“It was a tough way to end her last high school meet, but she’s had a fantastic career,” Black said. “Tori has been a great leader. She’s very encouraging and helpful with the younger ones. She has so many positive things besides her athletic gifts. She has been a great athlete and a great person.”
Rush won a bronze medal in the 1600 at the meet, finishing in a time of 4:34, while also running a leg of the Wildcat 3200 relay team that placed third in 8:10.76 and set a new school record in the process. He was joined on the team by Max Oesterling, Ben Wahlstrom and Nathaniel Youngblood.
Defending state discus champion Reed Ashmore finished in third place in the event this year with a top toss of 140-4, while Dathon Elmore hit a personal record in the pole vault when he cleared 12-3, which was good for seventh place.
Two other relays placed for the Wildcats, as the medley relay team of Kyle Kobza, Logan Block, Youngblood and Oesterling placed fourth in a time of 3:45.34, and the same four runners finishing fourth in the 1600 relay at 3:35.22.
St. Thomas More won the state team championship with 109.5 points, well ahead of second place Sioux Falls Christian with 80 points. Custer finished sixth with 40 points.
Other girls to place included Leah Zacher, who finished sixth in the discus with a top throw of 111-11 and Cassie Bawdon, who placed seventh in the shot put with a personal best throw of 35-7 1/4. Josey Wahlstrom placed eighth in the pole vault with a top height of 8-6 while also running a personal record time in the 200 of 26.94 although it wasn’t quite fast enough to earn a medal.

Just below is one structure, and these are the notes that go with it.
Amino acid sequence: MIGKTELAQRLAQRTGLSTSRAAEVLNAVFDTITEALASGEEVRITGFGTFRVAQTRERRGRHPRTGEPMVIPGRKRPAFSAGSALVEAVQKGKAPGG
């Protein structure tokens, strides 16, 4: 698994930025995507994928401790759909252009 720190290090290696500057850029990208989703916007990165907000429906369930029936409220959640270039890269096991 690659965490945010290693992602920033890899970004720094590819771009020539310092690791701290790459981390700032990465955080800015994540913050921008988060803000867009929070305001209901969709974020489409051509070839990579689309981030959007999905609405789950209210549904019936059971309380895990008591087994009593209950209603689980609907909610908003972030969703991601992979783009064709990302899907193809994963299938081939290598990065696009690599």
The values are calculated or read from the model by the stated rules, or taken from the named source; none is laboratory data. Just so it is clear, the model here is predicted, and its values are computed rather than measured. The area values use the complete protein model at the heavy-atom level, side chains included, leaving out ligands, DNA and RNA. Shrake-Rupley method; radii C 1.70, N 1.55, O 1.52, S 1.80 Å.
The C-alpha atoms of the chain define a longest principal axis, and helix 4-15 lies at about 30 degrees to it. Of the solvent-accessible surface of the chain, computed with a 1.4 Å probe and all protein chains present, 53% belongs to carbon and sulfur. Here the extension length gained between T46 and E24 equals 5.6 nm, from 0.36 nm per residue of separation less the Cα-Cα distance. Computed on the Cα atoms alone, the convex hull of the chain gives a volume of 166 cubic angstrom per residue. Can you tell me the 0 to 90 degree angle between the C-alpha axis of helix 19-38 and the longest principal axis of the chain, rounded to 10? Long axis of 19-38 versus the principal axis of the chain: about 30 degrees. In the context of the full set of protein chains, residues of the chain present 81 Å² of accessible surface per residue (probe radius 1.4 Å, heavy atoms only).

The 1600 relay team of Wahlstrom, Glazier, Anna Lewis and Tayler Carlson finished fifth at 4:13.18, while the 3200 team of Ramsey Karim, Kenzie Becker, Mallory Delmont and Glazier placed sixth at 10:07.91.
St. Thomas More made it a sweep of the team titles by also winning the girls championship with 82 points. Belle Fourche finished second at 52. Custer placed seventh with 38.5 points.
“Like any state track meet, we had our ups and downs,” Black said. “I think overall there were big plusses. We had some great work from the kids all the way around.”
Black, who retired from the school district, and subsequently, coaching, at the conclusion of the school year, said he was proud of the effort given by his athletes.
“The things the seniors put on the back of the shirts this year for the team was ‘Heart is the difference between those who attempt and those who achieve,’” he said. “I didn’t see anyone give anything but all heart all weekend. Just because you didn’t achieve what you thought you should achieve doesn’t mean you didn’t give it your all.”
Black retires having been Custer’s head coach for 16 years and coaching 25 years in total. He won two state championships along the way (the boys teams in 2013 and 2014) and coached five runner-up teams. He credits the athletes, parents and assistant coaches for helping him out along the way.
“I’m really appreciative and I’ve really enjoyed it,” he said. “There’s never going to be an easy or fun time to walk away from it. I’m just excited to see how they continue as a track team. Mrs. Black and I will be in the stands cheering.”